Three studies used consumer surveys to determine the effect of Virginia's consumer-directed PAS program on consumer outcomes (Richmond et al., 1997; Beatty, Adams, & O'Day, 1998; Beatty, Richmond, Tepper, & Dejong, 1998;). Richmond et al. (1997) evaluated the relationship between using consumer-directed PAS and employment outcomes of individuals with physical disabilities and found that consumer-directed PAS increased productivity, while participants' health status was positively correlated with higher occupation scores. Beatty, Adams, and O'Day (1998) found that consumers receiving consumer-directed PAS had higher rates of preventive healthcare utilization and lower rates of utilization for doctor visits, emergency room visits, hospital days, skilled nursing facility days, and visits from home health providers. Additionally, consumer-directed PAS users reported greater feelings of control over their lives, significantly greater productivity in terms of employment rates, and higher satisfaction with PAS. Results of Beatty, Richmond et al. (1998) looked exclusively at consumer satisfaction, concluding that consumer-directed PAS was associated with higher satisfaction.

Work done in both California and Arkansas point towards similar results. Benjamin, Matthias, and Franke (2000) compared the outcomes of an alternative service delivery model in California's In-Home Supportive Services Program and found that clients in consumer-directed care had more desirable outcomes: satisfaction with service, empowerment, and quality of life. In Arkansas, Foster, et. al. (2003) evaluated that states' Cash and Counseling Demonstration by comparing outcomes of traditional agency-directed care with consumer-directed care. Under the Cash and Counseling approach, consumers were provided a monthly allowance equivalent to what would be spent under traditional Medicaid for the care authorized, and they were given greater flexibility in using this allowance. The self-direction approach was associated with improved consumer satisfaction and quality of life, while unmet needs for care were reduced without compromising health or safety (Foster et al., 2003).

None of these studies included cost-related analysis such as average monthly cost per person and utilization of needed medical services. Because our study includes both consumer-directed PAS and agency-directed PAS users, it allows us to explain differences in outcomes between these groups. A robust sample size improves our ability to generalize results of this study as well.

Description of the Physical Disability Waiver Program

Research participants were enrolled in the Home and Community Based Service (HCBS) Physical Disability (PD) Waiver in Kansas in 1998. HCBS PD waivers in Kansas serve individuals age 16 through 64 who have been determined physically disabled by Social Security standards (The State of Kansas, 1996). To be eligible for a waiver, one must meet two eligibility criteria: financial need and appropriateness for institutional care. Income level must not exceed 300% of the Supplemental Security Income (SSI) federal benefit level. Consumers must also meet the long-term care functional threshold criteria established by the Kansas Department of Social and Rehabilitation Services (SRS), the state Medicaid agency, and require personal assistance during any part of the day as established by a qualified independent living counselor. The number of individuals served in this program since its founding in January 1997 was 2,676 in 1997, 3,799 in 1998, 4,227 in 1999, 4,645, in 2000, 4,666 in 2001 and 4,633 in 2002.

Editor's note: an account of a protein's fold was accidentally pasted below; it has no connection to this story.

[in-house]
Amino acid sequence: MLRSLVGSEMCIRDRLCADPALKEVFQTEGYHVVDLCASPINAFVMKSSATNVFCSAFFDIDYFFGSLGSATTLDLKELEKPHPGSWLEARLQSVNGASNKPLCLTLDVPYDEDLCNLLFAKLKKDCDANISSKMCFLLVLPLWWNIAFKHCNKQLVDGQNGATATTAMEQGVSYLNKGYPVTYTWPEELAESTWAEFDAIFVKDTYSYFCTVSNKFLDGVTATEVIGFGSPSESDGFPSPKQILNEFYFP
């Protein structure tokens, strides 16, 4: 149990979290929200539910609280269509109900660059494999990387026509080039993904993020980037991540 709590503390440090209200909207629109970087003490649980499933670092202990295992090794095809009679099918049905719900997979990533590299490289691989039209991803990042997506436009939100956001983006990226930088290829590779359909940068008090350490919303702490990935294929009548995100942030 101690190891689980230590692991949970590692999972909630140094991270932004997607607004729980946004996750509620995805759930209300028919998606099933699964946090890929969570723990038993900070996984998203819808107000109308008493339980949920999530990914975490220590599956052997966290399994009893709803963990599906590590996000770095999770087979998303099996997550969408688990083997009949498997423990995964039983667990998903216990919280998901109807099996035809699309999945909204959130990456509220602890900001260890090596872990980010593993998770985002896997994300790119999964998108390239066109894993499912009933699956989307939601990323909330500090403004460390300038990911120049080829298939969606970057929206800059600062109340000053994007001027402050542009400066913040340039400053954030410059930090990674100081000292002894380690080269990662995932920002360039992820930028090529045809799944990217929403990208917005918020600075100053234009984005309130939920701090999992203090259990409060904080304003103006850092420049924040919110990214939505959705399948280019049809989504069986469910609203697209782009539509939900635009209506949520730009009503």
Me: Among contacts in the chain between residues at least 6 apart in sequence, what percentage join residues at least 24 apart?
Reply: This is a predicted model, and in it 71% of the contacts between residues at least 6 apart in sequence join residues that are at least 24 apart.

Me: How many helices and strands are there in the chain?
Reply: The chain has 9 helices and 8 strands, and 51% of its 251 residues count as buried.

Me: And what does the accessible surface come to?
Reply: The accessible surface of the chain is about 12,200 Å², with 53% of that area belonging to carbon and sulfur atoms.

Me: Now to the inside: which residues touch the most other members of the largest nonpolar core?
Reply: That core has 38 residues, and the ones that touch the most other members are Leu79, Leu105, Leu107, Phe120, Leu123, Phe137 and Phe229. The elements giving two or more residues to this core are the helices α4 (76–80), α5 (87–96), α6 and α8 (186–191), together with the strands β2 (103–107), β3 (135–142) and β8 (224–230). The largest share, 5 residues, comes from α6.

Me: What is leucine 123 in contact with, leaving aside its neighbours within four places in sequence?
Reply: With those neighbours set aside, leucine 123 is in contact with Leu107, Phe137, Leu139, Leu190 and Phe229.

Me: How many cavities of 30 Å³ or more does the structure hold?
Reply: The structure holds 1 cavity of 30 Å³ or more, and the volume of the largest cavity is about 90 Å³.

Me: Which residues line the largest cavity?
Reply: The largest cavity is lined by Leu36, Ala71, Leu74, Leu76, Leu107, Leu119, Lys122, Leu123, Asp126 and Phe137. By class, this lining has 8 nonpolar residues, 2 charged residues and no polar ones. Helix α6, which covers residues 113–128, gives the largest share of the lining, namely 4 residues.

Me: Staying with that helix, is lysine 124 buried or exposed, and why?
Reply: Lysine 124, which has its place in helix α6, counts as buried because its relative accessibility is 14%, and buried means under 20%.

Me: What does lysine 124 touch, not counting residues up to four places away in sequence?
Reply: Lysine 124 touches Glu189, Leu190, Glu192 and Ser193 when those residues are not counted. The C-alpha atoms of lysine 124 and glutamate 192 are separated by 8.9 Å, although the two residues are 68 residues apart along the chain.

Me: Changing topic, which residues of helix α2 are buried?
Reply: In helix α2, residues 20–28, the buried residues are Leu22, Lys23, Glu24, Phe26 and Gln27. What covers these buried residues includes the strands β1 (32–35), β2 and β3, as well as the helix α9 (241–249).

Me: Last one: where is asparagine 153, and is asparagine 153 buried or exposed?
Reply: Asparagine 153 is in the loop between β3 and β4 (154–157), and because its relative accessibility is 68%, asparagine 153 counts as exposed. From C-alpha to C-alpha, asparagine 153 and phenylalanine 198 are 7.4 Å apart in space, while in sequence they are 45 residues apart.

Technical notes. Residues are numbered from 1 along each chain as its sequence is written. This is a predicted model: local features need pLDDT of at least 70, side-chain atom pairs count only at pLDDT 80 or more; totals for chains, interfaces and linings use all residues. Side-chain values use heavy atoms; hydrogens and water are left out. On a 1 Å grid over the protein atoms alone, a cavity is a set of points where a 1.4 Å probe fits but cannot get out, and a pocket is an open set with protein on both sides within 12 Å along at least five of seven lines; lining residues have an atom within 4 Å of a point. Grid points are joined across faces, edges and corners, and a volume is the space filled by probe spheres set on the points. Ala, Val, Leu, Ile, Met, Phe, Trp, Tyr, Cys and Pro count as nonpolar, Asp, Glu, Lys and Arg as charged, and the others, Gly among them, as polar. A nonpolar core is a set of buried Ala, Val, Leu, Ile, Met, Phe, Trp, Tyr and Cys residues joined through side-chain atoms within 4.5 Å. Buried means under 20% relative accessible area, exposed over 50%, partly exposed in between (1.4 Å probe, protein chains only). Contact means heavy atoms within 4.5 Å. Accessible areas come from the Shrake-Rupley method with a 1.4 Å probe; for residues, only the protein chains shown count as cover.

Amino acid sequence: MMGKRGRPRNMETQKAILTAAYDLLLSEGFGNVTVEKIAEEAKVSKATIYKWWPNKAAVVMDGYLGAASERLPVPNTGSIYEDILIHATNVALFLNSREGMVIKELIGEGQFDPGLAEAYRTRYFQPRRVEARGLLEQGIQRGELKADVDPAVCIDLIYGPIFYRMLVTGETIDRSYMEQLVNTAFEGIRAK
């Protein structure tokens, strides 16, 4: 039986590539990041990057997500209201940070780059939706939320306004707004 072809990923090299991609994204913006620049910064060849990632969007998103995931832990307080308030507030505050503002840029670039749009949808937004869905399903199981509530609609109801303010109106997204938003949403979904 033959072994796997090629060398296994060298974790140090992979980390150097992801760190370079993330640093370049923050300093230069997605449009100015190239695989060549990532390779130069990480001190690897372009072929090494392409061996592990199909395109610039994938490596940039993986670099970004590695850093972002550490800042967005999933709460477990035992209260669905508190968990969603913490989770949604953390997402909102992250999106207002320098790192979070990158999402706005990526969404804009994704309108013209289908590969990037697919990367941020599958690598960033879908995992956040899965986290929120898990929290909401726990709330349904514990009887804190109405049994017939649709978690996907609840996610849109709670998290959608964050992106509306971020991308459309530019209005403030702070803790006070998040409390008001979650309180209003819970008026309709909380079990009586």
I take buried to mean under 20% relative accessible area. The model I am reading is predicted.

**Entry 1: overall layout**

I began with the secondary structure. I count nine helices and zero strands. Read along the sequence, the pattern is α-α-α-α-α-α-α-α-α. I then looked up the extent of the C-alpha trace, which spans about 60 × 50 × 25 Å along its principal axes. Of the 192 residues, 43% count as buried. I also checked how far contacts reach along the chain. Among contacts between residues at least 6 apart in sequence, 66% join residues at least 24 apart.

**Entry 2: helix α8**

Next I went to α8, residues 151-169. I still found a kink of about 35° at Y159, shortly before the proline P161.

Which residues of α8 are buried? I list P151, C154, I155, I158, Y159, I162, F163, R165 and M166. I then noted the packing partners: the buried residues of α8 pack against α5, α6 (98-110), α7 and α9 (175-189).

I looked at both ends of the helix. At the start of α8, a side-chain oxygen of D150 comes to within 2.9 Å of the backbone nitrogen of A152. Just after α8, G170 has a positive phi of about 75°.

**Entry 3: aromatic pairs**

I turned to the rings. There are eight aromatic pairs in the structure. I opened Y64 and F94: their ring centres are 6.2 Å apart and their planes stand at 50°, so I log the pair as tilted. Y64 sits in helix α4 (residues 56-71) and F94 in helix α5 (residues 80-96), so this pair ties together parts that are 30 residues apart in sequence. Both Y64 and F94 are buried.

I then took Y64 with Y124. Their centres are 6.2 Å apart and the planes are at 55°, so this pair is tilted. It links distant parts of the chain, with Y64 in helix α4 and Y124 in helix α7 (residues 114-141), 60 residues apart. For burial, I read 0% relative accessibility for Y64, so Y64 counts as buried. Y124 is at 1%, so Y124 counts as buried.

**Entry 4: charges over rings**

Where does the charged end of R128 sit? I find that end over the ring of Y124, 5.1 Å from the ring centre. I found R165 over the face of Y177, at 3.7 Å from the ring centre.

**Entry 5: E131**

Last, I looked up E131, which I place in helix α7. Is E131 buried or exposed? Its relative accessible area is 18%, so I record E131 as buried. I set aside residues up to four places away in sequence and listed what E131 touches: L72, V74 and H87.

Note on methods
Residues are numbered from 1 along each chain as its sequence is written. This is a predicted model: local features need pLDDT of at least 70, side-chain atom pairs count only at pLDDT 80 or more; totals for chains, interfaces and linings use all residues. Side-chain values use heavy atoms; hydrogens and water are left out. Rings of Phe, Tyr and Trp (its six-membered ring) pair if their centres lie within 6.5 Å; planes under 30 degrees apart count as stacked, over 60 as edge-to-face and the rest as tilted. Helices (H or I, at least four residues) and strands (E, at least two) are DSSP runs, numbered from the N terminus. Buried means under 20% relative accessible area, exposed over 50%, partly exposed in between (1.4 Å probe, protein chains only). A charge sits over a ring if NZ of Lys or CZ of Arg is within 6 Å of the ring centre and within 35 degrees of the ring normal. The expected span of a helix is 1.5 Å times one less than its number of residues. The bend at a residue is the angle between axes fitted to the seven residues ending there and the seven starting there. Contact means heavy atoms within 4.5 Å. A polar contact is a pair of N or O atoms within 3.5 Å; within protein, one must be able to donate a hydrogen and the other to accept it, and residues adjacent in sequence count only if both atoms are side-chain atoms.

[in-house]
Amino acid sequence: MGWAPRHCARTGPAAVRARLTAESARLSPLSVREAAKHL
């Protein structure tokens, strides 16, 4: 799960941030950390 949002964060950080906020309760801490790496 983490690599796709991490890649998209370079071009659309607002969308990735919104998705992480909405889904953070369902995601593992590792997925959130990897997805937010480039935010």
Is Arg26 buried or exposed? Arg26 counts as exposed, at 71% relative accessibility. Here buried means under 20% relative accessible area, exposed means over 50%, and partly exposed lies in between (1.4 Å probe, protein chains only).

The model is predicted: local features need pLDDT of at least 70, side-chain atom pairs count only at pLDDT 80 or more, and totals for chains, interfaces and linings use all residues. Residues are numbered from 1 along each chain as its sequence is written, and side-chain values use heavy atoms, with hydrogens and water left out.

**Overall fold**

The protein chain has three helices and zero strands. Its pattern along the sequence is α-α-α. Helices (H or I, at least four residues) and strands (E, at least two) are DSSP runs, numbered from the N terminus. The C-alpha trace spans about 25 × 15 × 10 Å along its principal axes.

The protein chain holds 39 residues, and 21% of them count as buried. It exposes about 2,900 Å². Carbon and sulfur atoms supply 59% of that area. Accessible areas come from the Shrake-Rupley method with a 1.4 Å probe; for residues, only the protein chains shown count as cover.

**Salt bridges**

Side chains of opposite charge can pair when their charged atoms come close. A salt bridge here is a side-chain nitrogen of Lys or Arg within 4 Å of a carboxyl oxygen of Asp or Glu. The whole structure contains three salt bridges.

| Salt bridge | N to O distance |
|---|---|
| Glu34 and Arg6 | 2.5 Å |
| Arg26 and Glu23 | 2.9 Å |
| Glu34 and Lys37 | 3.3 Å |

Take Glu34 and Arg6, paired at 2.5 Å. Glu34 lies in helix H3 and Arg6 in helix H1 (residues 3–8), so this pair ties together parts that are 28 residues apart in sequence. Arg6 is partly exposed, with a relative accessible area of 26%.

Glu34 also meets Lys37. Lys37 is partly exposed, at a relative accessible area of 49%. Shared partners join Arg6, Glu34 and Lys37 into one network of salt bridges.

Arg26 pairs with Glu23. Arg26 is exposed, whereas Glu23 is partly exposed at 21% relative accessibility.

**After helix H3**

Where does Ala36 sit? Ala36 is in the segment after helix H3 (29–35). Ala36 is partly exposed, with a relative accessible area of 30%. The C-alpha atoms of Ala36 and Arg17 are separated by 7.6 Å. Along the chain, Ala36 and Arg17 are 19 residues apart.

The PD waiver provides three important new services to consumers that traditional Medicaid coverage does not: personal assistance services (PAS), independent living counseling, and assistive services (The State of Kansas, 1996). The consumer demand for PAS is substantial because personal care attendants assist people who have difficulties providing their own personal care or other daily living activities: bathing, dressing, ambulating, feeding, grooming, and some household services such as meal preparation and shopping. Independent living counselors are reimbursed in order to coordinate all personal services with the consumer's written authorization. Consumers may choose any qualified provider who can meet their personal service needs. Family members other than parents of minors or spouses may be reimbursed when providing this service. The reimbursement ranged from $8.50 per hour to $13.25 per hour maximum in 1998. Independent living counseling provided by qualified independent living (IL) counselors is required for all PD waiver consumers and was reimbursed at the rate of $30 per hour, limited to 120 hours per year.

Assistive services are those services that meet an individual's assessed need by modifying or improving an individual's home through the provision of adaptive equipment. Tangible equipment or hardware, such as technology assistance devices, adaptive equipment, or environmental modification, may be substituted for personal services when they are identified as cost-effective alternatives for the individual's care plan. Purchase is limited to a maximum lifetime expenditure of $7,500 per consumer.

The Kansas PD waiver is operated directly by the state Medical assistance unit of the state Medicaid agency. To ensure quality of care, the state Medicaid agency has established safeguards such as provider standards and state licensure or certification requirements to protect the health and welfare of consumers. To control quality, the Center for Medicare and Medicaid Services is charged with monitoring state implementation of waivers and determining whether statutory requirements have been met. States are charged with independent assessment of waiver programs by external evaluators and case review by area Medicaid management staff.